By Jason Van Dyke, PM
Managing Editor & Past Master, The Colonial Lodge No. 1821
Everything in Masonry has a meaning: from the words we use in Lodge to the very furniture and how it is arranged. Therefore, it should come as no surprise that one of the most overlooked pieces of furniture in the Lodge has a deep and profound meaning hidden inside of it – the mace, or Marshal’s baton.
While you might not have noticed before, similar tools are carried by officials at universities, in religious ceremonies, and in governmental organizations; the Baton (military), staff (often religious), scepter (royalty), or swagger stick (lower rank military) are all important pieces of the uniform of these functionaries. While they are all slightly different, for the most part they all symbolize the same thing as our Marshal’s baton – the authority and strength of the institution.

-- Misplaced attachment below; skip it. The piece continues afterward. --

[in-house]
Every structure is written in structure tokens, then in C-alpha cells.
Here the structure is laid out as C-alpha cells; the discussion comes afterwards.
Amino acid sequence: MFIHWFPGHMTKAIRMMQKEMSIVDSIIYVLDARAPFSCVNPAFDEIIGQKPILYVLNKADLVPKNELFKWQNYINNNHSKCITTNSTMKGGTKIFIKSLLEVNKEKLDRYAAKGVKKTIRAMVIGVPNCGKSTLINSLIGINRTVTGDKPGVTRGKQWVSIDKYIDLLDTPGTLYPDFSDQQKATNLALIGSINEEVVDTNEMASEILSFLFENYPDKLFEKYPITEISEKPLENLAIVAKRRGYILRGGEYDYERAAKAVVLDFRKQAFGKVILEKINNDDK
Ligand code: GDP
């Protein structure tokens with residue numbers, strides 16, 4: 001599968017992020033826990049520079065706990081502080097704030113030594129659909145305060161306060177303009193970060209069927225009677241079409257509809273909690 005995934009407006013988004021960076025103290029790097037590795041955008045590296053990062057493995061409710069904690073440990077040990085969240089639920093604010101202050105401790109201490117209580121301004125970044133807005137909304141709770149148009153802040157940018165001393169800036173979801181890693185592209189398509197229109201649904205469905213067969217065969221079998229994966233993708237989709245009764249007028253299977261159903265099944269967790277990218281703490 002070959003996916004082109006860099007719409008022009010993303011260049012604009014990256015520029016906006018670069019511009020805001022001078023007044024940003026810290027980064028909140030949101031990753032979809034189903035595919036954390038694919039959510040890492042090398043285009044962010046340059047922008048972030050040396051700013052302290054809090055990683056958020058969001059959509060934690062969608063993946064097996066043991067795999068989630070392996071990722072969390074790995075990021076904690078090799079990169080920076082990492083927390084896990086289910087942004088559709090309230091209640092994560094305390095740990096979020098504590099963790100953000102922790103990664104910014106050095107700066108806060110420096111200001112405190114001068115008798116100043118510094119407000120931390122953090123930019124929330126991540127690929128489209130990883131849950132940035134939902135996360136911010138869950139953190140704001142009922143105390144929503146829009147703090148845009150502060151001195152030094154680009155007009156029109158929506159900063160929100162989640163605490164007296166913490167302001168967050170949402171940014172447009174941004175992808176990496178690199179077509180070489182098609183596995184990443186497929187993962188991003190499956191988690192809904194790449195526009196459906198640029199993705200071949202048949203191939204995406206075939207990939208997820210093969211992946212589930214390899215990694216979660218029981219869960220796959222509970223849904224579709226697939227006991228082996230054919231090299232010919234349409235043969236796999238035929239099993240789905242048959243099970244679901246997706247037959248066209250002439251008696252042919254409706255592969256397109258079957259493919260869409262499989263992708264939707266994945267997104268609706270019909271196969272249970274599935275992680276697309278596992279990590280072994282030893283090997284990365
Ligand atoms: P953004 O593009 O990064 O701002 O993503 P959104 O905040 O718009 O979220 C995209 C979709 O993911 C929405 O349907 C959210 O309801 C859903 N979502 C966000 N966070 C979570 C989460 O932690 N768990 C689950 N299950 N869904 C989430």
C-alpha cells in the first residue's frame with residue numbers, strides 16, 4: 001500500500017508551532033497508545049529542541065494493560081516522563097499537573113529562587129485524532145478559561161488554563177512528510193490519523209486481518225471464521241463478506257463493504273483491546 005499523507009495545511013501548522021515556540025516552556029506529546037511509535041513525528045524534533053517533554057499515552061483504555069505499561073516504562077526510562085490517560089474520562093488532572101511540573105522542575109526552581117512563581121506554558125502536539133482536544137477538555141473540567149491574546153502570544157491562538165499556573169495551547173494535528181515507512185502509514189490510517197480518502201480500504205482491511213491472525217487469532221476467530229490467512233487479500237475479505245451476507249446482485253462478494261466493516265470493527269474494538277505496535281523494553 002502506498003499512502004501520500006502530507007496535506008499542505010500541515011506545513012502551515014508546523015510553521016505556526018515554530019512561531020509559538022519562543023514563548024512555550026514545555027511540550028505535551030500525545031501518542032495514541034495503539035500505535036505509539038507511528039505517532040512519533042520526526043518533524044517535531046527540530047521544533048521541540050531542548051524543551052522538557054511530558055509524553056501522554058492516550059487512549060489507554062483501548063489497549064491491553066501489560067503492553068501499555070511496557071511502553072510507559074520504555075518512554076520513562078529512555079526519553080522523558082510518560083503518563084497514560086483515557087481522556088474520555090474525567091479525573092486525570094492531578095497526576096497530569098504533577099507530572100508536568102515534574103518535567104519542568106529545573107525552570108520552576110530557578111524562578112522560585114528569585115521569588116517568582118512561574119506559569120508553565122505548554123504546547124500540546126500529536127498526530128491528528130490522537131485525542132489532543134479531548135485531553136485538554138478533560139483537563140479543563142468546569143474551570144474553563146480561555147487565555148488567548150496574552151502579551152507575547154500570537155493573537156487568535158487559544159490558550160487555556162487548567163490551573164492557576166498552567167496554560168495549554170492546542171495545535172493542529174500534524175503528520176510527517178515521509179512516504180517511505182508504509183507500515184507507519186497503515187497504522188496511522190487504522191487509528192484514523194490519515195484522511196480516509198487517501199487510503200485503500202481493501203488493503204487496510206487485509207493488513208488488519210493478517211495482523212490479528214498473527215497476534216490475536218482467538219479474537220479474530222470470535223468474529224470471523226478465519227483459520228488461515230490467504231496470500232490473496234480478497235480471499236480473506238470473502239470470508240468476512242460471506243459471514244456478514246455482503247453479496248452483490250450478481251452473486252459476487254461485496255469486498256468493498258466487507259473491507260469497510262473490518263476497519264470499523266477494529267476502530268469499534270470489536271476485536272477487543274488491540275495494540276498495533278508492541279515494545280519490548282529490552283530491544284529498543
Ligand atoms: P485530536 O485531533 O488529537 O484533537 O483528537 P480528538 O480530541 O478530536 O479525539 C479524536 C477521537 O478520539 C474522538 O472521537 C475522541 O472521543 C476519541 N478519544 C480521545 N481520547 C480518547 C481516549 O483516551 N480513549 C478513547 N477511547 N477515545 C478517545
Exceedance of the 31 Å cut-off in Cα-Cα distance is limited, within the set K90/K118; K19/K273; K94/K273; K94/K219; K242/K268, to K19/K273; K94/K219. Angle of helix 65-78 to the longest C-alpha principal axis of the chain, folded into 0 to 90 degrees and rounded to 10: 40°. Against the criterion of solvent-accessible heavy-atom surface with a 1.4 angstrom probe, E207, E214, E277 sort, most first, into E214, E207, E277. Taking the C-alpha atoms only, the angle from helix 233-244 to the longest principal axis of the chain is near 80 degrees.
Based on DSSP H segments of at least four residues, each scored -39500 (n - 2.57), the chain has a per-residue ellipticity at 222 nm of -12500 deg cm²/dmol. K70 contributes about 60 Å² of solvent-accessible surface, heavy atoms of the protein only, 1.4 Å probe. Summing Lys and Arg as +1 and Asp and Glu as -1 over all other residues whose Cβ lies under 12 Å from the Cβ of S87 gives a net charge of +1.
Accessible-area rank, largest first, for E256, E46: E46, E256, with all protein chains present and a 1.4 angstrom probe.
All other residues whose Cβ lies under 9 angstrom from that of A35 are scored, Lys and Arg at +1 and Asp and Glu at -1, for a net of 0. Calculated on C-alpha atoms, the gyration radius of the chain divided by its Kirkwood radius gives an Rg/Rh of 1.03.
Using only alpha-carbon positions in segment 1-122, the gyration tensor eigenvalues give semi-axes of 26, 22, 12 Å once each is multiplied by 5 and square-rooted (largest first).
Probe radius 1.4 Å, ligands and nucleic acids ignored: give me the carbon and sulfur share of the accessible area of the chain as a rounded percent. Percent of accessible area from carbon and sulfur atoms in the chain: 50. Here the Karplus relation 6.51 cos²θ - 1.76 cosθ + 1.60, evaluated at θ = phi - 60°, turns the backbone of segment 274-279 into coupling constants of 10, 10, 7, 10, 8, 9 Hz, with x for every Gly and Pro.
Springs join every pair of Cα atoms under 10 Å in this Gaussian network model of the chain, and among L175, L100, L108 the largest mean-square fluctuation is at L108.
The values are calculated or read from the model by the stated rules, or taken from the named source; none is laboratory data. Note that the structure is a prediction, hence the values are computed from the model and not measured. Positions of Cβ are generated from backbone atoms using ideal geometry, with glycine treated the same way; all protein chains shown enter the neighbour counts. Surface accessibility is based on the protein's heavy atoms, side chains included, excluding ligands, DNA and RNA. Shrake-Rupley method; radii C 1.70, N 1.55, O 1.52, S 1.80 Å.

The tradition of carrying this symbol probably started ancient Greece or Minoa. But it is most familiar to us from the Roman Empire. There, the fasces was carried by lictors, sort of the Roman version of the Secret Service. The fasces was made of a bundle of birch sticks bound together by red ribbon or leather straps, and sometimes included an axe in the middle. In this configuration, the bundle of sticks symbolized strength in numbers, or the will of the Roman people made manifest, and the axe symbolized the power of capital punishment that the Roman police had. In fact, the fasces is still a common symbol used today in many republics, and you can see it displayed in buildings everywhere here in the District of Columbia as a symbol of the power and authority of the U.S. Government.
ecumenically, as well—in this case, it was called a virge or beadle (or mazzieri, in the Pope’s case) and was carried in front of church processions, sometimes being used to clear the way of animals or unruly crowds of parishioners.
For Masons, it was this implied threat of defensive violence that lead to the mace being seen as a symbol of independence to forces outside the Lodge, and as a sign of corporeal punishment to those who dared question the authority of the Master inside the Lodge. (While we are not aware of a mace/baton ever actually being used in Lodge for this purpose, we are reasonably sure every Master from the start of time has actively contemplated using it several times per meeting.)